Edward A. Delisser (1829 – July 1900) was an Australian surveyor who travelled between Fowler's Bay and Eucla in August 1866. He subsequently followed the Aboriginal paths that went between the Head of the Bight and Eucla. It was on this trip that he became the first European to use the name Nullarbor. The Delisser Sandhills near Eucla are named after him. In the 1890s a rabbit plague passed through the area and ate much of the sand dune vegetation, thus destabilising the dune system and causing large sand drifts to encroach on the town site. The original town was abandoned, and a new town site established about 5 km to the east and higher up on the escarpment. The ruins of the telegraph station still stand today amongst the constantly shifting dunes.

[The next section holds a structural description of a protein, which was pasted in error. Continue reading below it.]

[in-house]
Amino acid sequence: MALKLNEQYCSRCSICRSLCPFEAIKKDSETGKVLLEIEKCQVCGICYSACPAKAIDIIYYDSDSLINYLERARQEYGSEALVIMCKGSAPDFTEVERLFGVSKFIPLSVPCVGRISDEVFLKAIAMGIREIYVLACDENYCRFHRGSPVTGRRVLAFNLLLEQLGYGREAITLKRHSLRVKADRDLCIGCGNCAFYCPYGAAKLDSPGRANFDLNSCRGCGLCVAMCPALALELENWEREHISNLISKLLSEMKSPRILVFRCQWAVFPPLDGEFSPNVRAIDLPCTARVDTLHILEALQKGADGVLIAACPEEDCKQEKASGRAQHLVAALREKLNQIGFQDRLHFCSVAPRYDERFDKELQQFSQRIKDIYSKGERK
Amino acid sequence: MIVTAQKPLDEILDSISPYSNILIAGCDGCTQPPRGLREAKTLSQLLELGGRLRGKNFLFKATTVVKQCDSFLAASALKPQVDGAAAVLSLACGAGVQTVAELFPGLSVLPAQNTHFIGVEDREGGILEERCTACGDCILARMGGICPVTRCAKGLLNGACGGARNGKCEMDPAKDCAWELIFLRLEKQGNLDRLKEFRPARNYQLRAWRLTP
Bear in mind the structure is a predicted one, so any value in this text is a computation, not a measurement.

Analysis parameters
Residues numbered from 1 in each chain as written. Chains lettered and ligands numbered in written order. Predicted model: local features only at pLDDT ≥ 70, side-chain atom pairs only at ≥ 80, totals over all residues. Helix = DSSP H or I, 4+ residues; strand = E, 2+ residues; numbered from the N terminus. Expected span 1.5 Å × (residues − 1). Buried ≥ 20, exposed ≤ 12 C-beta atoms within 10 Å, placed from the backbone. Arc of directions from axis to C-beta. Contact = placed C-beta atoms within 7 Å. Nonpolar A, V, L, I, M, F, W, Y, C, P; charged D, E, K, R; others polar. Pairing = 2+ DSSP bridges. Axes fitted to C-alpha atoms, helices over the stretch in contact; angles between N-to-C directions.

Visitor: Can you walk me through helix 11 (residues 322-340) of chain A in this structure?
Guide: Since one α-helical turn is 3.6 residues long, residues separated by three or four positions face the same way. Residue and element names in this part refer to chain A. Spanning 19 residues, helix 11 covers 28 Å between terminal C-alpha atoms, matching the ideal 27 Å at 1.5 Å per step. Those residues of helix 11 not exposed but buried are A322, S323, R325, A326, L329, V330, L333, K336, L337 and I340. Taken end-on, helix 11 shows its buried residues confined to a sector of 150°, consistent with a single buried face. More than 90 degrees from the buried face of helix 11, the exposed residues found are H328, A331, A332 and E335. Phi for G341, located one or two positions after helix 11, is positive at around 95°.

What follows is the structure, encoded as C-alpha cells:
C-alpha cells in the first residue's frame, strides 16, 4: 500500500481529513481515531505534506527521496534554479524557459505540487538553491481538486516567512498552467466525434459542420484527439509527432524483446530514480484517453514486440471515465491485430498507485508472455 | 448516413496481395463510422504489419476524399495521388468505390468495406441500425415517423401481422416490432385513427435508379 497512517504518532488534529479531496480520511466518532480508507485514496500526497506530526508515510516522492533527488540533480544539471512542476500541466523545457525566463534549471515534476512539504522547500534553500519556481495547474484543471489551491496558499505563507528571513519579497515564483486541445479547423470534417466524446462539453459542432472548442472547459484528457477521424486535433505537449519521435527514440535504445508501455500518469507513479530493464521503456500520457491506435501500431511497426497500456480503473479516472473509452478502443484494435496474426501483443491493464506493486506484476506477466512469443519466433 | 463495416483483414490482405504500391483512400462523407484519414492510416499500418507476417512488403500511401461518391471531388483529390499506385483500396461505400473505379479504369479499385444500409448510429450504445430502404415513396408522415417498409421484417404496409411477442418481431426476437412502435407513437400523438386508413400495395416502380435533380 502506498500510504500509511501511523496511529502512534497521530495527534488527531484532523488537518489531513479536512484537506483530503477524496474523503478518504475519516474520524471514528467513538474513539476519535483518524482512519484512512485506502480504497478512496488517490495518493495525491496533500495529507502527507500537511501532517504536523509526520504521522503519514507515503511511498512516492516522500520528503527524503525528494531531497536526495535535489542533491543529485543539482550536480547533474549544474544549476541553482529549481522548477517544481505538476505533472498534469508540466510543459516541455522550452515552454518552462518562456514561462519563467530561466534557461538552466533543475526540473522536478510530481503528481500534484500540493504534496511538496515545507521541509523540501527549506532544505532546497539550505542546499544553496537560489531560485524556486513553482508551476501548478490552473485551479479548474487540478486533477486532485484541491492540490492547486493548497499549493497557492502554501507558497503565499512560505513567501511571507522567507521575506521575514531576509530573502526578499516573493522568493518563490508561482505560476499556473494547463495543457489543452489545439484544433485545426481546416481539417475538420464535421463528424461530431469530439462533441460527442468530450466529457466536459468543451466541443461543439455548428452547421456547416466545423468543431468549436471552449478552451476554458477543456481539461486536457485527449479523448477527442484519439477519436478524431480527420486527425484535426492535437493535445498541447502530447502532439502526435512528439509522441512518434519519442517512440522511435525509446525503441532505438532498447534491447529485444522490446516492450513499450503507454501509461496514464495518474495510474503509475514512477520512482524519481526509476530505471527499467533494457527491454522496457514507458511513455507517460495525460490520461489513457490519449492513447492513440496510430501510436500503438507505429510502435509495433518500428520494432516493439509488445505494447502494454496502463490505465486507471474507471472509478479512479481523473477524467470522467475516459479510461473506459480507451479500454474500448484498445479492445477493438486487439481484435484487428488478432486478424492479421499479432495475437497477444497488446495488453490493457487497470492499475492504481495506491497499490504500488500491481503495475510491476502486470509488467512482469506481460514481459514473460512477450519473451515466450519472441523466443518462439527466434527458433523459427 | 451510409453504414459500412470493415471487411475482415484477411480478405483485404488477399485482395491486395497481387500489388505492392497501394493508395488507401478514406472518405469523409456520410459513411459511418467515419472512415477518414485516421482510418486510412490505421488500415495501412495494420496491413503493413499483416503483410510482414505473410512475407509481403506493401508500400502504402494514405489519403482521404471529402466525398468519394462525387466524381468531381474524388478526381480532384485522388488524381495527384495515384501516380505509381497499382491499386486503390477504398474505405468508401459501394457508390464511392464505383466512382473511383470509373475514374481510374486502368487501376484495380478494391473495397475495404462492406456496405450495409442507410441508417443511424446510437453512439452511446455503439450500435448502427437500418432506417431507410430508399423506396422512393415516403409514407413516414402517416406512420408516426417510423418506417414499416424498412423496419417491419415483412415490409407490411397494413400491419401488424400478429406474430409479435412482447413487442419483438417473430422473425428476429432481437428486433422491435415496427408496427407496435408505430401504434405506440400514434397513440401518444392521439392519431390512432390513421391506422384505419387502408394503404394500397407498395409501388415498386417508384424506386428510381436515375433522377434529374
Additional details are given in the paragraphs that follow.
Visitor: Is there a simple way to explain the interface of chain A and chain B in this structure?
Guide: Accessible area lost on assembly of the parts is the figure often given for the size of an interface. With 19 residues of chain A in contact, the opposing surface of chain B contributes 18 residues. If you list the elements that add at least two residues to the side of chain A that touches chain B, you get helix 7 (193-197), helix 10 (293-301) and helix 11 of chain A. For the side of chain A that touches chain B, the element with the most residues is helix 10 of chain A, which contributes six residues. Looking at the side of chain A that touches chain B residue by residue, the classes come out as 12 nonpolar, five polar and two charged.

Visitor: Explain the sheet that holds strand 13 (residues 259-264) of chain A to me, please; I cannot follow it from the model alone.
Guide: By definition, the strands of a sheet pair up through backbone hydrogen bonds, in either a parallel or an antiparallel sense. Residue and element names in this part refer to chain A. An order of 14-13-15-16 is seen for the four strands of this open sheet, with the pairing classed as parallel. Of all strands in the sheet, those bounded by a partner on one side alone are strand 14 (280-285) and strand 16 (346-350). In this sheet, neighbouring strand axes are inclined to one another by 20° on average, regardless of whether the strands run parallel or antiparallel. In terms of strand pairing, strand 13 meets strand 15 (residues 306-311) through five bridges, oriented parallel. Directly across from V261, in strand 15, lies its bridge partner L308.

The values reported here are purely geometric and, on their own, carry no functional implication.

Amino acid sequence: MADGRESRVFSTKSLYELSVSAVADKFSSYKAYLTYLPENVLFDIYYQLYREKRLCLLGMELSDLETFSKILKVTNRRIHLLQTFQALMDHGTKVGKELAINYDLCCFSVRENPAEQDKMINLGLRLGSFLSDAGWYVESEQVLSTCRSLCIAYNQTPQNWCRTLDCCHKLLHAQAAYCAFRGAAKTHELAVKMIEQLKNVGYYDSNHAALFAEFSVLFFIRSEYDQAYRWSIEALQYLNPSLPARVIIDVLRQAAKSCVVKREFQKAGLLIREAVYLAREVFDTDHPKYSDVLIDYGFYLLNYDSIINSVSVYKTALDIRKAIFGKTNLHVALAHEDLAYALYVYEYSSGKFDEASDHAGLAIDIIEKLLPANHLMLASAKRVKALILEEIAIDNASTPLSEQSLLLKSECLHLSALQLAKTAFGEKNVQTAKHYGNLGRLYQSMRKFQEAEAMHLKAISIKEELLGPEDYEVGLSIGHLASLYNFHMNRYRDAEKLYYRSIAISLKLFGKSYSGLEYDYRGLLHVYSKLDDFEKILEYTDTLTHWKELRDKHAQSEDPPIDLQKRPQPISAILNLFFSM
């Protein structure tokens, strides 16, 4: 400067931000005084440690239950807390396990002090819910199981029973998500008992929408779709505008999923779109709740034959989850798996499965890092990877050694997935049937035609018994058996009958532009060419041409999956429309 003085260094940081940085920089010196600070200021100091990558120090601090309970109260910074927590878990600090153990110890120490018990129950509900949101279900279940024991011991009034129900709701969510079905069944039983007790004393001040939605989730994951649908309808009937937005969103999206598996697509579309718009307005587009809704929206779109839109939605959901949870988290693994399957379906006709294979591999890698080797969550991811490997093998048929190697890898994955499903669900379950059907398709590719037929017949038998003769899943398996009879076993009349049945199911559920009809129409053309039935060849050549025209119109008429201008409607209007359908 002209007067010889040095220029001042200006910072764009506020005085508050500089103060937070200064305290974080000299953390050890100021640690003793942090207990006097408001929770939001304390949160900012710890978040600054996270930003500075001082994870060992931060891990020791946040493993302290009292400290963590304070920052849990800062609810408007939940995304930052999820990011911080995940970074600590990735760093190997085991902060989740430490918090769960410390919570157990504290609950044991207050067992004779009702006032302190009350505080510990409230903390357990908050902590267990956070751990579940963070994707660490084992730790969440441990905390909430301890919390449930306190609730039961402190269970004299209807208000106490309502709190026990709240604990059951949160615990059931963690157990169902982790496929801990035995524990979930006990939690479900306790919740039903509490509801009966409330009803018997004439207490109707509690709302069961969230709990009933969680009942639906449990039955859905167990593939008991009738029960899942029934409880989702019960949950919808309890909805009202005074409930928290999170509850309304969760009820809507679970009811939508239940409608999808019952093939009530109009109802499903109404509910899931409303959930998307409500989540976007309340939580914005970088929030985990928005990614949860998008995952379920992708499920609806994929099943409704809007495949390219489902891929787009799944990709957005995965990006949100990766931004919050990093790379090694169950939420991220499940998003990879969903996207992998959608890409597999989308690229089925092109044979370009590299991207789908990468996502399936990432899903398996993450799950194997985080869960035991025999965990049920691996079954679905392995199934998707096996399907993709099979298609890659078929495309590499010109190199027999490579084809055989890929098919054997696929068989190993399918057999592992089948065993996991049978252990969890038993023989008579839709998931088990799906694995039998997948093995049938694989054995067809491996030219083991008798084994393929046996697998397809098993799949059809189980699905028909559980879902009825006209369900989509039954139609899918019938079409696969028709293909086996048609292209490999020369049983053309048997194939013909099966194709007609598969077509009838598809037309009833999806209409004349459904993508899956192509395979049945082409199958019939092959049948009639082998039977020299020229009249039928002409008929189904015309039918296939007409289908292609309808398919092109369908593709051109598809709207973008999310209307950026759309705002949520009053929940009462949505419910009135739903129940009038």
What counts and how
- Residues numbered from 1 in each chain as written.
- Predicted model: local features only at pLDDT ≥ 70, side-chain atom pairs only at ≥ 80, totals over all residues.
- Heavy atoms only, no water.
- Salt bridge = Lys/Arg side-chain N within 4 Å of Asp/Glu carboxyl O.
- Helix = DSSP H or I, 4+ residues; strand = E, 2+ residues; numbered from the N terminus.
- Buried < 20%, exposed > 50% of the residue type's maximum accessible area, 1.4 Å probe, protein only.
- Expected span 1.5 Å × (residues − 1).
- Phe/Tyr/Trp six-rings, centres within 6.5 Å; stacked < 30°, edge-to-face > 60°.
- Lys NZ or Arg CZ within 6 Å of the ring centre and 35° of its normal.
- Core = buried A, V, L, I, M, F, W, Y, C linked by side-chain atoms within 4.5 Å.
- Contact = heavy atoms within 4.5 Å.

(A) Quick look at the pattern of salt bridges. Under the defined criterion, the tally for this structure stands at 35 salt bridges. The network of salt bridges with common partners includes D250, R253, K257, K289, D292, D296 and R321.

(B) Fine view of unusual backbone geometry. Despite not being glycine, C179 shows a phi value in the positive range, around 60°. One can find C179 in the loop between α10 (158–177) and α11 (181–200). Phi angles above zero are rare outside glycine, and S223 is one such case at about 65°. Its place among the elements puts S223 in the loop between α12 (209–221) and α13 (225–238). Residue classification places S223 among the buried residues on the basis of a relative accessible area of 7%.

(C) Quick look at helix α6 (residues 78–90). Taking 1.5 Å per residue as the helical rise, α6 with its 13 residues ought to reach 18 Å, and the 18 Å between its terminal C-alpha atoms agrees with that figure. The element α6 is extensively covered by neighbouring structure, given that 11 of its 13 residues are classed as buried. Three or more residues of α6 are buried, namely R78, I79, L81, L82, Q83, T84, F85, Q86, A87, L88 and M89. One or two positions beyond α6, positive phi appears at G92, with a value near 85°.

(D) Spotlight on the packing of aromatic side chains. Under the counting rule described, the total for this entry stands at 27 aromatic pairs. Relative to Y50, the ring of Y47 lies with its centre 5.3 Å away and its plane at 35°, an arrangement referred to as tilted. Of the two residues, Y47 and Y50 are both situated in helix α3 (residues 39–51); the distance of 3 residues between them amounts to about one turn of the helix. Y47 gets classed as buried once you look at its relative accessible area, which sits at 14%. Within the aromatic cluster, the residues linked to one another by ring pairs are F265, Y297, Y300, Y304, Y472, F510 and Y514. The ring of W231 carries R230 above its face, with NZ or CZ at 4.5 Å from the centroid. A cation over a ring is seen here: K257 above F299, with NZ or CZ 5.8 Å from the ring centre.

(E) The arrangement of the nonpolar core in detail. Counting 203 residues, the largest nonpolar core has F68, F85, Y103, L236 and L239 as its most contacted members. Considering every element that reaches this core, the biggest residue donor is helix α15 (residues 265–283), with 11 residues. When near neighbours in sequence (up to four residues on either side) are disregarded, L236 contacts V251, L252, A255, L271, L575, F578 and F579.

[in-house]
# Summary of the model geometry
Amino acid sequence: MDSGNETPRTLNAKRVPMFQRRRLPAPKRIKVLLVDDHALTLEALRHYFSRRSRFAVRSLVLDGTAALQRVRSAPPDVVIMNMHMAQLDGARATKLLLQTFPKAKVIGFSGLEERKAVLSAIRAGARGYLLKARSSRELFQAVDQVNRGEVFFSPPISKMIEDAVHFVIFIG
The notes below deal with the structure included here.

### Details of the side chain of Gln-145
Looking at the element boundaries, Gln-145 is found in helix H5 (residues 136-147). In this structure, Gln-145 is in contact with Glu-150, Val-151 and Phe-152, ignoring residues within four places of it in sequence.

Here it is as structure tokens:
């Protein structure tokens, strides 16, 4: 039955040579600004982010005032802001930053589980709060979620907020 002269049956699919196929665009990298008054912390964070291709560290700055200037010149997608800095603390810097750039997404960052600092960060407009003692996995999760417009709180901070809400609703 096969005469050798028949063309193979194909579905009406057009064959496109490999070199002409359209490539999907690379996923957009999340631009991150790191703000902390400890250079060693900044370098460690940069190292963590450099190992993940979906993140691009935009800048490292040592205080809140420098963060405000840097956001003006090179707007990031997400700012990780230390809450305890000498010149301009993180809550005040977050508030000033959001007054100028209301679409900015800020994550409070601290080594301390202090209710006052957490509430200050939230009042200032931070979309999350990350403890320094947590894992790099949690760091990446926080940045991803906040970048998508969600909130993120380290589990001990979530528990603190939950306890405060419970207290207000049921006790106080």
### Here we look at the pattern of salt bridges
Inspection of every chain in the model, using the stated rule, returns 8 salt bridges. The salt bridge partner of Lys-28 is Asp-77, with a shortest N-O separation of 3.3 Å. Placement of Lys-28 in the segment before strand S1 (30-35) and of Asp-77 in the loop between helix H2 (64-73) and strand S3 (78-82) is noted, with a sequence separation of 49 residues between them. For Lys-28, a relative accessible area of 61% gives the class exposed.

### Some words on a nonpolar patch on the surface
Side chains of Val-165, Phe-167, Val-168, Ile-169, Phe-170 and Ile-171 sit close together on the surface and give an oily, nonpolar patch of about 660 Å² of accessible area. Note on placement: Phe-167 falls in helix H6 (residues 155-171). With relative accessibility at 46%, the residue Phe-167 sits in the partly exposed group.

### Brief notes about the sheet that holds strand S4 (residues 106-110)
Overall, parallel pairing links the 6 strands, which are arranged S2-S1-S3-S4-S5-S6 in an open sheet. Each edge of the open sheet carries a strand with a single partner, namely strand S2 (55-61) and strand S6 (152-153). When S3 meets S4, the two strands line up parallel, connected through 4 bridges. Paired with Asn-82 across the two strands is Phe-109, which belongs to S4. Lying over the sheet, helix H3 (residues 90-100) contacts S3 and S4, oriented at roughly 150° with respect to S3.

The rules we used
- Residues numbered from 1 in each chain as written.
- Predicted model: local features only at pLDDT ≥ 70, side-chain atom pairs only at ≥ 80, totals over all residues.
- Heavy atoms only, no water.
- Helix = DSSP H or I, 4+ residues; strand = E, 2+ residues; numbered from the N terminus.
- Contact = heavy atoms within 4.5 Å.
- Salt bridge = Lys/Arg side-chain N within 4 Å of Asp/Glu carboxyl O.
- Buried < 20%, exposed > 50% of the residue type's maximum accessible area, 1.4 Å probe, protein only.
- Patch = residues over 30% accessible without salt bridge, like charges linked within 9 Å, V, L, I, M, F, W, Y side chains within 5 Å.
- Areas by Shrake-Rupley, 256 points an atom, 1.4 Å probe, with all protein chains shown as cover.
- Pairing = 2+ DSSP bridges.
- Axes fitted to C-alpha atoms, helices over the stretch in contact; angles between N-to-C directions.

I carried a soft spot for Eucla before we left the UK, partly to do with its past as an old important telegraph station but mainly due to its location and dunes. Walking in and out of these dunes holds an amazing sense of isolation despite the town of 86 people nearby. After this fresh morning photograph we were treated with a close up encounter of a wedged tail eagle. I’m guessing he doesn’t get many humans on his patch so a fly-by was in order for scoping us out. What an epic sight, just hanging there 5-6 meters up. Their wing span can reach 2.5 meters. It wouldn’t have surprised me if it came over to consider swooping for us it was that big.